Several disruptive teams at Carnegie Mellon University and Arizona State University have been designing, building, and distributing next-generation digital textbook replacements.

Their products are provably effective, sell for significantly less than digital products from textbook publishers, and can generate more money for the programs creating them than they cost to create.

Argos believes this model is the future. We exist to bring that future into being.


 

Best Cameras for Vlogging in 2022 — from futurism.com

Excerpt:

Whether you’re looking for a camera to start your journey to internet stardom, or would just like to improve your video quality, this list of the best cameras for vlogging will not only capture you as you ham it up, but produce some seriously crisp content that you won’t have to patch up in editing.

Sony - ZV-1 20.1-Megapixel Digital Camera for Content Creators and Vloggers - Black

Also see:

The Best Vlogging Cameras and Gear — updated in May 2021 — from nytimes.com (Wirecutter) by Geoffrey Morrison and Phil RyanU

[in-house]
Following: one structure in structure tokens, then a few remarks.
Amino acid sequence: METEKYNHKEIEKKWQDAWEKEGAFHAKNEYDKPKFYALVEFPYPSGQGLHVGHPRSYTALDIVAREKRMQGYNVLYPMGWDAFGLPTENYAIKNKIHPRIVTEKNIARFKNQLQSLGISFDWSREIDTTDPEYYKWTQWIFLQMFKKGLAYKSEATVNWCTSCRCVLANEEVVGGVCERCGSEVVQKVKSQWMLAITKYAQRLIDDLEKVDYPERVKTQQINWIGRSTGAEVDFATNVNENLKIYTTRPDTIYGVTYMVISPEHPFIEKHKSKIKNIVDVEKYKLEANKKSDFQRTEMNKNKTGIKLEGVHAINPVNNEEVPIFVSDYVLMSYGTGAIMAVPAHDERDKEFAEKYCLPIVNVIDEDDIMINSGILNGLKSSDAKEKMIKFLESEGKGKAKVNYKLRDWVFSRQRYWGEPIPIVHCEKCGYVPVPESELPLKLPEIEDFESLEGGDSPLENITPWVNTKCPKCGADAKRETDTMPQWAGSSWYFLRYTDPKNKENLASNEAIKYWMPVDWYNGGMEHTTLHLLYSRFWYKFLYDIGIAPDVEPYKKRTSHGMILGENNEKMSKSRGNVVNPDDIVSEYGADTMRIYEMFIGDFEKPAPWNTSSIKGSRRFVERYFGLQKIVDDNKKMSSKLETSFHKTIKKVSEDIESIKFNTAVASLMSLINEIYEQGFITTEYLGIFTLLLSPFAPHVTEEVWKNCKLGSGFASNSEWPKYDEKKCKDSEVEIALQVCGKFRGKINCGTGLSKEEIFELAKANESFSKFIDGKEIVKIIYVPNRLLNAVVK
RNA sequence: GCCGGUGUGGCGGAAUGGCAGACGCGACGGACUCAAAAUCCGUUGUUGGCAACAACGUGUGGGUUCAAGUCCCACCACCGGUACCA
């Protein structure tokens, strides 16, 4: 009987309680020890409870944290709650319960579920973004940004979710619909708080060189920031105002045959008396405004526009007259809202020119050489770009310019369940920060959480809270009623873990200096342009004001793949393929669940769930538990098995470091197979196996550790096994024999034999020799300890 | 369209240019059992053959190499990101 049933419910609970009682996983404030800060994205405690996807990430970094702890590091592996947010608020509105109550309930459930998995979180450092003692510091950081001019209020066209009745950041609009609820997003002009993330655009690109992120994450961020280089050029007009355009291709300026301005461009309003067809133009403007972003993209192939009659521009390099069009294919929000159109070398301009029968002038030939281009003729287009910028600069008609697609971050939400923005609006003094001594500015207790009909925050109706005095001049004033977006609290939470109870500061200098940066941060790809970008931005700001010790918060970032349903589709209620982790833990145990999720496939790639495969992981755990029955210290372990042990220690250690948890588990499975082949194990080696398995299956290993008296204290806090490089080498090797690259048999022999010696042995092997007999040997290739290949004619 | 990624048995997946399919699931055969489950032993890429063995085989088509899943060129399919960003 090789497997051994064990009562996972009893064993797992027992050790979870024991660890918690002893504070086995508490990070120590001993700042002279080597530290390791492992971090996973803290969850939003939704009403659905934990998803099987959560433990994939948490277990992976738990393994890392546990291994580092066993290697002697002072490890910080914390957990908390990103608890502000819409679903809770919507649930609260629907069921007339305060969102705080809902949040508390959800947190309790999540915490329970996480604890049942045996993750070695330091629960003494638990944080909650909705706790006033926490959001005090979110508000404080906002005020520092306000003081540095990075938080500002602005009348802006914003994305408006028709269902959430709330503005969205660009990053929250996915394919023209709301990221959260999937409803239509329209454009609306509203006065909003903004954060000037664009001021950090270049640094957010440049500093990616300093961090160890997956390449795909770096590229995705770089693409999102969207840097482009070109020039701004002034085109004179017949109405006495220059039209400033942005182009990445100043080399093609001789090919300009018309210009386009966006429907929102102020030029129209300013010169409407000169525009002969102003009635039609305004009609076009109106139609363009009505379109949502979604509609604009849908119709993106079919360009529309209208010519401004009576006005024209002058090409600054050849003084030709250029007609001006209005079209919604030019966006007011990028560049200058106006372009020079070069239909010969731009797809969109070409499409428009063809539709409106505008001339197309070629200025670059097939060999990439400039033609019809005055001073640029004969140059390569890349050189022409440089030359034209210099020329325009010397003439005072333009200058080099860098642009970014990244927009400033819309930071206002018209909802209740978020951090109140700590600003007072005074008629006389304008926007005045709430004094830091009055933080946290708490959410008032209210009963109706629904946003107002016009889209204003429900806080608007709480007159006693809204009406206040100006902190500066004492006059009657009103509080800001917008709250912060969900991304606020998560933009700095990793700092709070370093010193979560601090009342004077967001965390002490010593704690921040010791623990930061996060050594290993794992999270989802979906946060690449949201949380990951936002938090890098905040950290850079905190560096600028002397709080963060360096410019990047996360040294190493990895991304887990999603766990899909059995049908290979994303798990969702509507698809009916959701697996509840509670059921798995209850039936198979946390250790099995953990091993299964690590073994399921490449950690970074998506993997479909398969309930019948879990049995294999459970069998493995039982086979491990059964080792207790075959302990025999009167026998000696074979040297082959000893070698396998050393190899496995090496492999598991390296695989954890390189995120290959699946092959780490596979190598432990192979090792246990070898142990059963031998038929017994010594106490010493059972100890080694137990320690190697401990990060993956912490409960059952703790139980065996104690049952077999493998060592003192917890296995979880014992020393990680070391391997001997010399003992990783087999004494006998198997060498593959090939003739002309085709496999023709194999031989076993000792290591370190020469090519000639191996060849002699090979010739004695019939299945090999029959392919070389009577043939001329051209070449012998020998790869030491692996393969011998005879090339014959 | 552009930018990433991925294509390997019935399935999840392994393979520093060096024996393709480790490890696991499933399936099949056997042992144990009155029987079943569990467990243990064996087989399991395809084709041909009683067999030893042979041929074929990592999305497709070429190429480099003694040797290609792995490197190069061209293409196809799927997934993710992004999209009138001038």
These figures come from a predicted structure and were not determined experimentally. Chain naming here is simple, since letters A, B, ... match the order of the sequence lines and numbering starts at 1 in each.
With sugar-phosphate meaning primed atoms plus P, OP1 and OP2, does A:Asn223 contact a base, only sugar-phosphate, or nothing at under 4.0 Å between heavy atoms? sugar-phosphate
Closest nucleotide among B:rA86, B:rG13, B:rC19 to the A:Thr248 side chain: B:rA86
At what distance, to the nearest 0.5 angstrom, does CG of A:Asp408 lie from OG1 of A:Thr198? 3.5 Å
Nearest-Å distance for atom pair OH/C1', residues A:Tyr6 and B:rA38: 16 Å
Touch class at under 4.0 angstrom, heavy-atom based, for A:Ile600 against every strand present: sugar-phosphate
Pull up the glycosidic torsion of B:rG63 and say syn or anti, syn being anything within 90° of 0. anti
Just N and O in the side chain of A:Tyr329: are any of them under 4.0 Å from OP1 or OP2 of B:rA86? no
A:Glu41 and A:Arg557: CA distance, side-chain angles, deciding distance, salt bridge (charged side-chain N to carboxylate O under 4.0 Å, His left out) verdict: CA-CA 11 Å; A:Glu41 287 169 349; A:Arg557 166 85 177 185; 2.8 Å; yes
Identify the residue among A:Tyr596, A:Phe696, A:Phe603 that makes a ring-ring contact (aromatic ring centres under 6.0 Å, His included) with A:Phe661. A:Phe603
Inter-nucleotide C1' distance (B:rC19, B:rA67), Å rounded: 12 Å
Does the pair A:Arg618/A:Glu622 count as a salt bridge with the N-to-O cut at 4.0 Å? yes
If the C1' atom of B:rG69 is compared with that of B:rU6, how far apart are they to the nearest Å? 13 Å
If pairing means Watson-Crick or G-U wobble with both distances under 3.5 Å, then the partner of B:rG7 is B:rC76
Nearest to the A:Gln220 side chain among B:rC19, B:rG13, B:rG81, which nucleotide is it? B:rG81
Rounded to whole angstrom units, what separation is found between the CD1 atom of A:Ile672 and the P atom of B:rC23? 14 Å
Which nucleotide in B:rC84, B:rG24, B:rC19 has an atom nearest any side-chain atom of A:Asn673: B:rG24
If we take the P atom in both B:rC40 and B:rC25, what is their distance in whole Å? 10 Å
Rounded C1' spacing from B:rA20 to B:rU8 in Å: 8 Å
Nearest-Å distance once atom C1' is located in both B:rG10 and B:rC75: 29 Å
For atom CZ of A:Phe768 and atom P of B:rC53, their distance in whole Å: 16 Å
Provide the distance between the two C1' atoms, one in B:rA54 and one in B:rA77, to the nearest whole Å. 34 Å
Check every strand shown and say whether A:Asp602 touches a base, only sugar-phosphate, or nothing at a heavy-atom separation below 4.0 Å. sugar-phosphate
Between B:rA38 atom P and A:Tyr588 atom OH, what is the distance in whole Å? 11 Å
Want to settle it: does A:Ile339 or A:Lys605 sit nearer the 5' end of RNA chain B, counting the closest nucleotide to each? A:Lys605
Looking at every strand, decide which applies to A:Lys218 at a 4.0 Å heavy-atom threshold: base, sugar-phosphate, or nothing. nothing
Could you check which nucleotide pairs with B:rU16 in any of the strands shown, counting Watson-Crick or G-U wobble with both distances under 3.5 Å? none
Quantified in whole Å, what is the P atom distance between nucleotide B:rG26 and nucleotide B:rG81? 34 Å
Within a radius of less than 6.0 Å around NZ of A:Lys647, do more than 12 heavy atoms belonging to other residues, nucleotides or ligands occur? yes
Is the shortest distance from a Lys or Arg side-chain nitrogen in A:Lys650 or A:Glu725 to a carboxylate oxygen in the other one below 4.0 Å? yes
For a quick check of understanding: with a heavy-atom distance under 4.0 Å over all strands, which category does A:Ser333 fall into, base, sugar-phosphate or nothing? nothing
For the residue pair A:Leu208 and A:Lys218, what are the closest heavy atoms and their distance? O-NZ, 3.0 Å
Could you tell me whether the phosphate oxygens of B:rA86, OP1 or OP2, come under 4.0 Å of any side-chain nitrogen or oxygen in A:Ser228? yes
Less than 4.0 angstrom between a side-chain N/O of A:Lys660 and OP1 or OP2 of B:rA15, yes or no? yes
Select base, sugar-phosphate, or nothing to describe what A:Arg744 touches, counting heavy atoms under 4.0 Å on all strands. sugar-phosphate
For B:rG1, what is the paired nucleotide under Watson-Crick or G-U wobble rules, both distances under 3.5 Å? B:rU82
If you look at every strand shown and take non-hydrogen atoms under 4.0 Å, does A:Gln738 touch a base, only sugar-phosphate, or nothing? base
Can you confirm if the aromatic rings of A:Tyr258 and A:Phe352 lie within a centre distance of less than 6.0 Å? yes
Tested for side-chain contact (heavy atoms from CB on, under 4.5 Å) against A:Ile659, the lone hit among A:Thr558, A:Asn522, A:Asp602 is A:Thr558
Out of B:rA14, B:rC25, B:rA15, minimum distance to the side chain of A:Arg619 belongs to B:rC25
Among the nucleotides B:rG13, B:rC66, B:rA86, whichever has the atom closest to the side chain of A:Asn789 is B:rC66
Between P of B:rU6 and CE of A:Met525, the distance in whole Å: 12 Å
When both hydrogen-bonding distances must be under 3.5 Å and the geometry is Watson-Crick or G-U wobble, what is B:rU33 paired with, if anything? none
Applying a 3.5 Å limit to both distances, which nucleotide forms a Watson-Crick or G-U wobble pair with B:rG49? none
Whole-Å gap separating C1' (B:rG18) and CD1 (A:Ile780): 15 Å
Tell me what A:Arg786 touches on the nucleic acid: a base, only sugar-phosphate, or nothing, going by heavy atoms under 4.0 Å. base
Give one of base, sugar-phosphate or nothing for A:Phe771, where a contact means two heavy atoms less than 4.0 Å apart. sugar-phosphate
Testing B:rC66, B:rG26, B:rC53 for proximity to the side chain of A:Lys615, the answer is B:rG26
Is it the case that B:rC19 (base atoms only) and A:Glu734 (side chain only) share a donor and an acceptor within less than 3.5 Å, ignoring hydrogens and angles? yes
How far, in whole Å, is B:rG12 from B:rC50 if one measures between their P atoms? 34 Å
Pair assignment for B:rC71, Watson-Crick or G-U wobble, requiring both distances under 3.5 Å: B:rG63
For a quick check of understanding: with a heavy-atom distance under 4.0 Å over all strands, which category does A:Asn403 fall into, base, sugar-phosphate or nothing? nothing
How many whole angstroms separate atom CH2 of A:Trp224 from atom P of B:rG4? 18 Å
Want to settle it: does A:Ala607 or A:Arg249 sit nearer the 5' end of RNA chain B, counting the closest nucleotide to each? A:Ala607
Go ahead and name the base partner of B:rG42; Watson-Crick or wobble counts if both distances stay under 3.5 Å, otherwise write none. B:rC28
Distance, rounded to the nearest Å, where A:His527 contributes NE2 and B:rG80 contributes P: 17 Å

Universities can combat misinformation by sharing research with the public — from edsurge.com by Avery M. D. Davis

Here’s my New Year’s resolution for higher education: extend the reach of research to the people.

Avery M. D. Davis

Excerpt:

It’s part of a growing recognition that research really belongs to the people. Even as the postsecondary industry opened its doors to become a more-accessible system for students, it locked up the research conducted by its faculty and staff. But it’s often individuals from outside of academia who construct topical questions of interest for scholars, serve as study participants, and fund organizations producing such work.

And yet, open science ambitions have cautions worth noting, such as the challenges of interpreting research publicly and the potential political misuse of study findings. To address this, higher education must revisit its roots in educating citizens, preparing both students for society and society for itself.

From DSC: